• Don’t ramble. When responding to questions from a prospective employer be sure you understand the question they are asking.  Answers should be direct and concise.  This demonstrates your communication skills.  Additionally, do not interrupt the interviewer.

• Be prepared. Your responses should show that you’ve taken the time to learn about the company — that you’re not just looking for a job, you’re looking for a job with this particular employer.  Most interviewers expect candidates to have visited their web site.

• Ask questions. Most interviewers will ask candidates if they have any questions.  This is a chance for you to gather information as well as to emphasize your knowledge of and interest in the company.  Prepare your questions ahead of time; this strategy frees your mind during the interview to focus on the interviewer’s questions.  It is a good idea to prepare at least six questions.  In many cases 2-4 of your questions will be answered during the interview.  The best questions are the ones that focus on the content of the job and enable you to decide if the company/job is interesting to you.

• Be aware of your body language. A surprising number of candidates slouch, rather than sitting upright.  Good posture projects energy and enthusiasm.  Additionally, the inability to look directly into the interviewer’s eyes probably will be interpreted as a lack of professionalism or—worse yet—a lack of honesty.  Crossed arms often suggest a lack of receptivity to new ideas.

• Be assertive. Show your desire to work for a particular company, the depth of your passion for the industry, or your interest in the position you are seeking.

• Ask for the job. At the conclusion of every interview, thank the interviewer for their time, and clearly state your desire for the position.  Remember to mention the added value you can bring to the job.  Ask about the next step in the interview process; ask if the next step can be scheduled now.  Your closing should be tailored to the position, to your personality and interviewing style, and to the interviewer.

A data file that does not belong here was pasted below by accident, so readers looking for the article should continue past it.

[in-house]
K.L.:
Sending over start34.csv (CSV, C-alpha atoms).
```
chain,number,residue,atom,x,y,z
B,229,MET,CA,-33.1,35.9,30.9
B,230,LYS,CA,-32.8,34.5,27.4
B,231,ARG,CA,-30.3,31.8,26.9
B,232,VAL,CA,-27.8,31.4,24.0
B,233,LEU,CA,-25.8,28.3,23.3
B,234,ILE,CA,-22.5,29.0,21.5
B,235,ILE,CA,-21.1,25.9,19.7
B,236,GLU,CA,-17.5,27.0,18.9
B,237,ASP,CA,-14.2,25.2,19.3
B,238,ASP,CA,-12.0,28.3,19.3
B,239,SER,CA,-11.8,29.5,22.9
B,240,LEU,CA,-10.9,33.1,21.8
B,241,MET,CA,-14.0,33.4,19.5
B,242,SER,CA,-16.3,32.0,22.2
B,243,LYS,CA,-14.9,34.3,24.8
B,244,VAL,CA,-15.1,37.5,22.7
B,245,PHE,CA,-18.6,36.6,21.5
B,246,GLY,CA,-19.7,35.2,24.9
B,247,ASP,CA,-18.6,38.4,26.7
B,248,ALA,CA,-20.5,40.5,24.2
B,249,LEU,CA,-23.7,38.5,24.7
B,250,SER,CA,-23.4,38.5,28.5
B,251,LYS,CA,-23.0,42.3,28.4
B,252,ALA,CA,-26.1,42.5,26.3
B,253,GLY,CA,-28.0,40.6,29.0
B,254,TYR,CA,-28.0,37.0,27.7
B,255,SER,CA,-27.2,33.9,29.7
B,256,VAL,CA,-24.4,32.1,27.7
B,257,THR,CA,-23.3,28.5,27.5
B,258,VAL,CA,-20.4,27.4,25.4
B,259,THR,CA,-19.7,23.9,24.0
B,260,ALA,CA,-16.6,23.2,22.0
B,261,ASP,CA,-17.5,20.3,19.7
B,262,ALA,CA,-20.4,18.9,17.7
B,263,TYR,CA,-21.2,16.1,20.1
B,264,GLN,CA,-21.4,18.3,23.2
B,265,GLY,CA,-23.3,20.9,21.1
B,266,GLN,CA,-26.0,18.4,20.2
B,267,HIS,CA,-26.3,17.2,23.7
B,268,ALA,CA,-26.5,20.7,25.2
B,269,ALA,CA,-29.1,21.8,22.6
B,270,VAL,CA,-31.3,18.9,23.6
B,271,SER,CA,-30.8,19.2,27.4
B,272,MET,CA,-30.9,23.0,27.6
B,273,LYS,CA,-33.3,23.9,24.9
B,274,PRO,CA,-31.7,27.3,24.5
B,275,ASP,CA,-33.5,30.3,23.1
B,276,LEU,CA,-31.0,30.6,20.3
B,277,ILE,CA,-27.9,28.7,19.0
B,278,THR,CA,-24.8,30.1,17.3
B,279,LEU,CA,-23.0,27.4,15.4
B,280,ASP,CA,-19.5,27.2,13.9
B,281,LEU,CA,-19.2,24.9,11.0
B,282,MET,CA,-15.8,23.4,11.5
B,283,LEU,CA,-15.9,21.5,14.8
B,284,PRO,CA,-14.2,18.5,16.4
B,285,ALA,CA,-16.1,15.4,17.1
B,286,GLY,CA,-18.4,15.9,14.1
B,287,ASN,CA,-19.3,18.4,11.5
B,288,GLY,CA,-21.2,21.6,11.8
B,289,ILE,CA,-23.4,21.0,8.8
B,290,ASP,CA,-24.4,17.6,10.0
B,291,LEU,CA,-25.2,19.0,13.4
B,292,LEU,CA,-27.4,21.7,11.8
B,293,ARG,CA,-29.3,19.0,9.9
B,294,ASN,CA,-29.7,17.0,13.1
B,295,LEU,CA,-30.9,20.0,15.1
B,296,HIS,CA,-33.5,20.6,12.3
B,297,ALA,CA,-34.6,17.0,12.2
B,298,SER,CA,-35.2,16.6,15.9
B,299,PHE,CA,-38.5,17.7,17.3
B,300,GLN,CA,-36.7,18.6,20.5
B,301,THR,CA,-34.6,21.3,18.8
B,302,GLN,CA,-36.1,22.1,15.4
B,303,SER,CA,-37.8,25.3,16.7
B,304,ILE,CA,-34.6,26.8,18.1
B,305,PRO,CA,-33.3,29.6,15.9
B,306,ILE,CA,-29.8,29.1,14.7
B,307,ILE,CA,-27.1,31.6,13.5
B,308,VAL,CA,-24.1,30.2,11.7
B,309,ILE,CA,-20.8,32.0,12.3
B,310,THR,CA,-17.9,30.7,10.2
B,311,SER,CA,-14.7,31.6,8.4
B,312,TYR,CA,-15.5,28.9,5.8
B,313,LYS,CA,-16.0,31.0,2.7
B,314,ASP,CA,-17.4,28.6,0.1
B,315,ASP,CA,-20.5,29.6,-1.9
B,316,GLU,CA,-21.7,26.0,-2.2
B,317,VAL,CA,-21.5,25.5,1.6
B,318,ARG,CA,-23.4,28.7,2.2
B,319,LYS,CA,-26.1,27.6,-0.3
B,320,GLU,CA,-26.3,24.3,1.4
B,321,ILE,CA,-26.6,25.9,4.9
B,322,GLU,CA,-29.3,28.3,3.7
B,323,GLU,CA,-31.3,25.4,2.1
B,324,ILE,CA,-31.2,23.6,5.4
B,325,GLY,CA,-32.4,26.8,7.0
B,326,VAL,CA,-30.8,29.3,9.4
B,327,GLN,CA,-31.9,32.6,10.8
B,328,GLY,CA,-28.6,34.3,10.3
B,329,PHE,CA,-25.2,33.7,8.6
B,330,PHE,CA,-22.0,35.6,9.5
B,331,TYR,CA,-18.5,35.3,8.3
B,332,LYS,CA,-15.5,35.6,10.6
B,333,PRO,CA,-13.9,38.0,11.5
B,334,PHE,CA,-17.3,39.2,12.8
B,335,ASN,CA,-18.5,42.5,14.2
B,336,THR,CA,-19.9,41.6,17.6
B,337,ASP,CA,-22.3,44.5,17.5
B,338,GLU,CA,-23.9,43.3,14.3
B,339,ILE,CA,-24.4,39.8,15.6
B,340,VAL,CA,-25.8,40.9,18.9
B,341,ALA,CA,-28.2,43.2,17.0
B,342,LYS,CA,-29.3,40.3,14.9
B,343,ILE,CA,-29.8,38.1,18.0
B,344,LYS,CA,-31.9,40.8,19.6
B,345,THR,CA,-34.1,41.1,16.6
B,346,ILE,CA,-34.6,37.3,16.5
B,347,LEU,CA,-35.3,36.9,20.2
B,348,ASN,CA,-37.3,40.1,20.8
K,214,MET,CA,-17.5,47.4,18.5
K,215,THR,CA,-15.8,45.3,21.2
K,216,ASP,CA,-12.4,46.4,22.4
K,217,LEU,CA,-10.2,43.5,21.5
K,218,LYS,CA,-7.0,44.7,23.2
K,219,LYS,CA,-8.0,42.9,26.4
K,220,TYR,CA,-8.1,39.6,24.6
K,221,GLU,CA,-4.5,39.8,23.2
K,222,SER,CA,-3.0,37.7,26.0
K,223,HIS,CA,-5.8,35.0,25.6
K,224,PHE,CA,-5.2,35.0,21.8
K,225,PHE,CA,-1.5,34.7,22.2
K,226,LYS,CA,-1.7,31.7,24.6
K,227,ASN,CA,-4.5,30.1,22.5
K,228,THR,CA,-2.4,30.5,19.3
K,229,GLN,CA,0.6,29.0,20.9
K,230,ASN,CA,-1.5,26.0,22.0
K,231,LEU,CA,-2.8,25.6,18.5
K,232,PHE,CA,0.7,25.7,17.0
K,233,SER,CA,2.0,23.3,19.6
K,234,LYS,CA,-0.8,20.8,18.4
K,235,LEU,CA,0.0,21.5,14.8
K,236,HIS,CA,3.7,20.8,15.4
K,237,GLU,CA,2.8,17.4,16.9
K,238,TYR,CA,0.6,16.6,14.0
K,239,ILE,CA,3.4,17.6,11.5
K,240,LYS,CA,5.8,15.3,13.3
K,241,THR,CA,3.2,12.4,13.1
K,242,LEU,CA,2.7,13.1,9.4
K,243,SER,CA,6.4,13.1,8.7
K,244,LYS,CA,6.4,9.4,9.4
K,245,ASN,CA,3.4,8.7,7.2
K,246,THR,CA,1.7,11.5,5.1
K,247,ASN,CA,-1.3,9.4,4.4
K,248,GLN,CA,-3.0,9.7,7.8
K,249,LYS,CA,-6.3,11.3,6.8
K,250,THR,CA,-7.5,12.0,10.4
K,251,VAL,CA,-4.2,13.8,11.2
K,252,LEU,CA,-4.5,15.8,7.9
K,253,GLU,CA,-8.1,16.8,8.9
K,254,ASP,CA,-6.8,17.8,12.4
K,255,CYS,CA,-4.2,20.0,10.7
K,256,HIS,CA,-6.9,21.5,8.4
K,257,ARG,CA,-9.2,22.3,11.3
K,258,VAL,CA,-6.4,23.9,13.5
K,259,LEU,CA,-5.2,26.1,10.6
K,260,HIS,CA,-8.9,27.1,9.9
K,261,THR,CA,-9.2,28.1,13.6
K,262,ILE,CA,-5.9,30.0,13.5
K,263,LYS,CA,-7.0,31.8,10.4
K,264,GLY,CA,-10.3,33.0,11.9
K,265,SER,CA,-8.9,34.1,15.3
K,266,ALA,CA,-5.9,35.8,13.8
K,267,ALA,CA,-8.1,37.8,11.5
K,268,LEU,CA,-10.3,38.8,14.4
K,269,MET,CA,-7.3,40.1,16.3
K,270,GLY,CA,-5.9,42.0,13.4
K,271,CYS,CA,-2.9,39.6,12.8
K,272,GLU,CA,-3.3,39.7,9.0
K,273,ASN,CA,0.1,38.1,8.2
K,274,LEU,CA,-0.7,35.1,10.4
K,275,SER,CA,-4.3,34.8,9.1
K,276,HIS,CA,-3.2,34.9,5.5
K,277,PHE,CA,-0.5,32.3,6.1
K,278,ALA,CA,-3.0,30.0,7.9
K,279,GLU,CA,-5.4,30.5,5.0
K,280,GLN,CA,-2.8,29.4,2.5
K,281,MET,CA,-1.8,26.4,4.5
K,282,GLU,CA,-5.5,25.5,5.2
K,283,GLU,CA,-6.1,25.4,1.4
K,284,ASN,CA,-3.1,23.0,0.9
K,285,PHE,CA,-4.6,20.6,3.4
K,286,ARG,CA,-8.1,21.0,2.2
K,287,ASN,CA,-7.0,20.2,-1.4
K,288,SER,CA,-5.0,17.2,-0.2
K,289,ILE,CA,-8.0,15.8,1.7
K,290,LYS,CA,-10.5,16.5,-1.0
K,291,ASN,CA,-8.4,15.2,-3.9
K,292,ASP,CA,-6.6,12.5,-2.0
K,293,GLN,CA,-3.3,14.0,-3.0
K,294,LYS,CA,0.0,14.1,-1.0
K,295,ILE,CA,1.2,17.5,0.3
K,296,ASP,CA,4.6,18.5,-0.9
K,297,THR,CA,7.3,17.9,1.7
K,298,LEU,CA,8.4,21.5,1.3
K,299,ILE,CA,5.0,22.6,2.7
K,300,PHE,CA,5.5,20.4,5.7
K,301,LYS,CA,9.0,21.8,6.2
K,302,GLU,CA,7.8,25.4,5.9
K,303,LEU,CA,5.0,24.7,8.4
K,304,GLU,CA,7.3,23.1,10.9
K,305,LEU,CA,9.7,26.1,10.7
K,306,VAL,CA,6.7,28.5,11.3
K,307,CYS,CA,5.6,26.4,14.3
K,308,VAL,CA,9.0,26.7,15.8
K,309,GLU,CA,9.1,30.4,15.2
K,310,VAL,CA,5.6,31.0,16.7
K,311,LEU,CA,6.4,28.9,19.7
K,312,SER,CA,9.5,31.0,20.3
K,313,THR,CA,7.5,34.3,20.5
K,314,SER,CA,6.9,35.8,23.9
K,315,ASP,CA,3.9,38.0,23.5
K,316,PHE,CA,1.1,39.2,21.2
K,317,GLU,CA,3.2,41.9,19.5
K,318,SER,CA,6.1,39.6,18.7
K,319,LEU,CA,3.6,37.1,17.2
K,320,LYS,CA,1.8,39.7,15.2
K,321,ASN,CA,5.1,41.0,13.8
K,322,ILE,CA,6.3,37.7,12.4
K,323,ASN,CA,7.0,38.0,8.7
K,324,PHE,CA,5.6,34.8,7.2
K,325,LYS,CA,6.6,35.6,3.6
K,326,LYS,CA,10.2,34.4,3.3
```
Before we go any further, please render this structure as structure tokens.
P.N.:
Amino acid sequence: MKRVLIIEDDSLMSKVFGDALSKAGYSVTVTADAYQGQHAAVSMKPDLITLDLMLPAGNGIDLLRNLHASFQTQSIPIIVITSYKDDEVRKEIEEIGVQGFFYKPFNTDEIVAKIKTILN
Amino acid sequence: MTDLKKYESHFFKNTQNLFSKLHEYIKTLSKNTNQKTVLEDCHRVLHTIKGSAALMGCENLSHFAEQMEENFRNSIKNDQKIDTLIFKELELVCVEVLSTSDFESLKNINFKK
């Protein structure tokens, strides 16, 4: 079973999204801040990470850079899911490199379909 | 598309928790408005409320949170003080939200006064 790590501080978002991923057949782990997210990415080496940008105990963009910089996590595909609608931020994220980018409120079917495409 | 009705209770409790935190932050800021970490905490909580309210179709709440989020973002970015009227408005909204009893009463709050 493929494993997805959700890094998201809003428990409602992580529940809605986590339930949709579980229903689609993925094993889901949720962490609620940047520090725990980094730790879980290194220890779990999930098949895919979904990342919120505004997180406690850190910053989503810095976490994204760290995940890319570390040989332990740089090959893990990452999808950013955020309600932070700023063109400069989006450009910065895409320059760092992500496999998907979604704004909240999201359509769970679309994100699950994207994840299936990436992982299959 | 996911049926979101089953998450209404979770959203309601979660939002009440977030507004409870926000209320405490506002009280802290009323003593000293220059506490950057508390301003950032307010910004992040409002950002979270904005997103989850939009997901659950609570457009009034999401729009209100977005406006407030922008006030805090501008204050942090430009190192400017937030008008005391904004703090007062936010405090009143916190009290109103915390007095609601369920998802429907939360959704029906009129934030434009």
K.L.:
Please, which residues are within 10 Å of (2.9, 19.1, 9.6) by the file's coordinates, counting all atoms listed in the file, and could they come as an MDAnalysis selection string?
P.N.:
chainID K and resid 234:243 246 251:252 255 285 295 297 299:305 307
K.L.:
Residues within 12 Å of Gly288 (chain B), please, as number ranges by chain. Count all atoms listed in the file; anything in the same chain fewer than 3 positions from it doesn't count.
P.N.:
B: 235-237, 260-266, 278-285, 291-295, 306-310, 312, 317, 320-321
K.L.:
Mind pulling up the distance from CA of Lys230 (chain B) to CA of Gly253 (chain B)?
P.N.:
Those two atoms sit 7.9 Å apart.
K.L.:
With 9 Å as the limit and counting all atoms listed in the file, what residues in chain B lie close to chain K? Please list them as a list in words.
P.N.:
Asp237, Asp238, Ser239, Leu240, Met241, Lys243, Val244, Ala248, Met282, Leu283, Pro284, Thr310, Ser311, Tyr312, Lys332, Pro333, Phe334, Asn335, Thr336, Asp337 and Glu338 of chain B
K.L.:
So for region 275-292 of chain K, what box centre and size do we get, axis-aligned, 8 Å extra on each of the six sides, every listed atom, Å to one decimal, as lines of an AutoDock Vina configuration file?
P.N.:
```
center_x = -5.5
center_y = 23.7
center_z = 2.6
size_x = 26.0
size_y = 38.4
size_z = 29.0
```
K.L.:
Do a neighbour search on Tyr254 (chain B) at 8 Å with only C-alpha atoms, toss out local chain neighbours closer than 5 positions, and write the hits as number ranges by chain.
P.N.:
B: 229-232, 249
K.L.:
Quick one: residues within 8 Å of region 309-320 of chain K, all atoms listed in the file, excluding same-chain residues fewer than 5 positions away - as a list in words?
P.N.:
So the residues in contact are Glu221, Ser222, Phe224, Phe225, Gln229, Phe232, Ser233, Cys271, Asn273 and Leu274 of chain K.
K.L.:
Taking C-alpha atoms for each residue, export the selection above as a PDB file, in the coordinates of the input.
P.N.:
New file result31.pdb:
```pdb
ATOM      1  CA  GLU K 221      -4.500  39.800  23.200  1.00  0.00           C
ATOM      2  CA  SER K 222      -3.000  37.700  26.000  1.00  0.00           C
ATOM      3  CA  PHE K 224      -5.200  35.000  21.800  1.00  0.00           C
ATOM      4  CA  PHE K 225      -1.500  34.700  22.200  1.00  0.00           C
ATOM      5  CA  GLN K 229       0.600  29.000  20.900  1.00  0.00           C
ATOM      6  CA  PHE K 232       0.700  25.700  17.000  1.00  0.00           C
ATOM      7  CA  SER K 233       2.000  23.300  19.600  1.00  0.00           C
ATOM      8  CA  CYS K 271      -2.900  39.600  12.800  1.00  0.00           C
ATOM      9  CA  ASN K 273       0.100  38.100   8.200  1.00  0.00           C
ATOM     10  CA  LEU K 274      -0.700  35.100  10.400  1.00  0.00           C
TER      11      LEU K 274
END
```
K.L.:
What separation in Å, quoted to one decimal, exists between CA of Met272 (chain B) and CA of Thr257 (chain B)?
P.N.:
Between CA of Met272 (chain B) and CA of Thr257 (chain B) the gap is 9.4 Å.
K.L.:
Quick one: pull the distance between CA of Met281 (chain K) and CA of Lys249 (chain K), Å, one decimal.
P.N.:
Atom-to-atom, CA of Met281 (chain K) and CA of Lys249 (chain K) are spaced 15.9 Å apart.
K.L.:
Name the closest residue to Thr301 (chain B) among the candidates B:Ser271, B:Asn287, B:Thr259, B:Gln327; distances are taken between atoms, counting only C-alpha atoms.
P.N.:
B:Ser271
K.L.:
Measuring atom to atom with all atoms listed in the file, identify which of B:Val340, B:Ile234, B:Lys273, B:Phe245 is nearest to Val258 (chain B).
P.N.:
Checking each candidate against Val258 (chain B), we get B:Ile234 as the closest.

• Send a thank-you note. You have a better chance of making a favorable impression.  More than 76% of employers like receiving a post-interview thank-you note, but only 36% of applicants write them, according to a survey by Accountemps, a staffing firm in Menlo Park, Calif.

A thank-you note need not be long or fancy.  A simple email will suffice.  Thank the interviewer for his time.  Make it clear that you are excited about the job—that you can do it and want to do it.  Offer to provide any additional material that may be required.  Finish by saying that you look forward to working for the company or enjoyed meeting him or her.  Be sure to proof the email for spelling and grammar carefully because this note illustrates your written communication skills.

• Call the recruiter. Call your recruiter immediately after the interview.  The recruiter is your advocate.  Tell them your perceptions of the conversation, the interviewer, and your interest level in the opportunity.  Repeat any particularly difficult question(s) asked during the interview and give your response.
Why call immediately after the interview?  I seldom know when the interviewer will call to give their feedback.  Frequently the first comment made by an interviewer is “Have you heard from the candidate?”  What follows is a question about the candidate’s perception of the interview.  Occasionally, an interviewer will discuss a candidate’s response(s) with the recruiter to get additional insight into the candidate.  Finally, interviewers seem to use the post-interview call to the recruiter as an indication of the candidate’s interest in the position.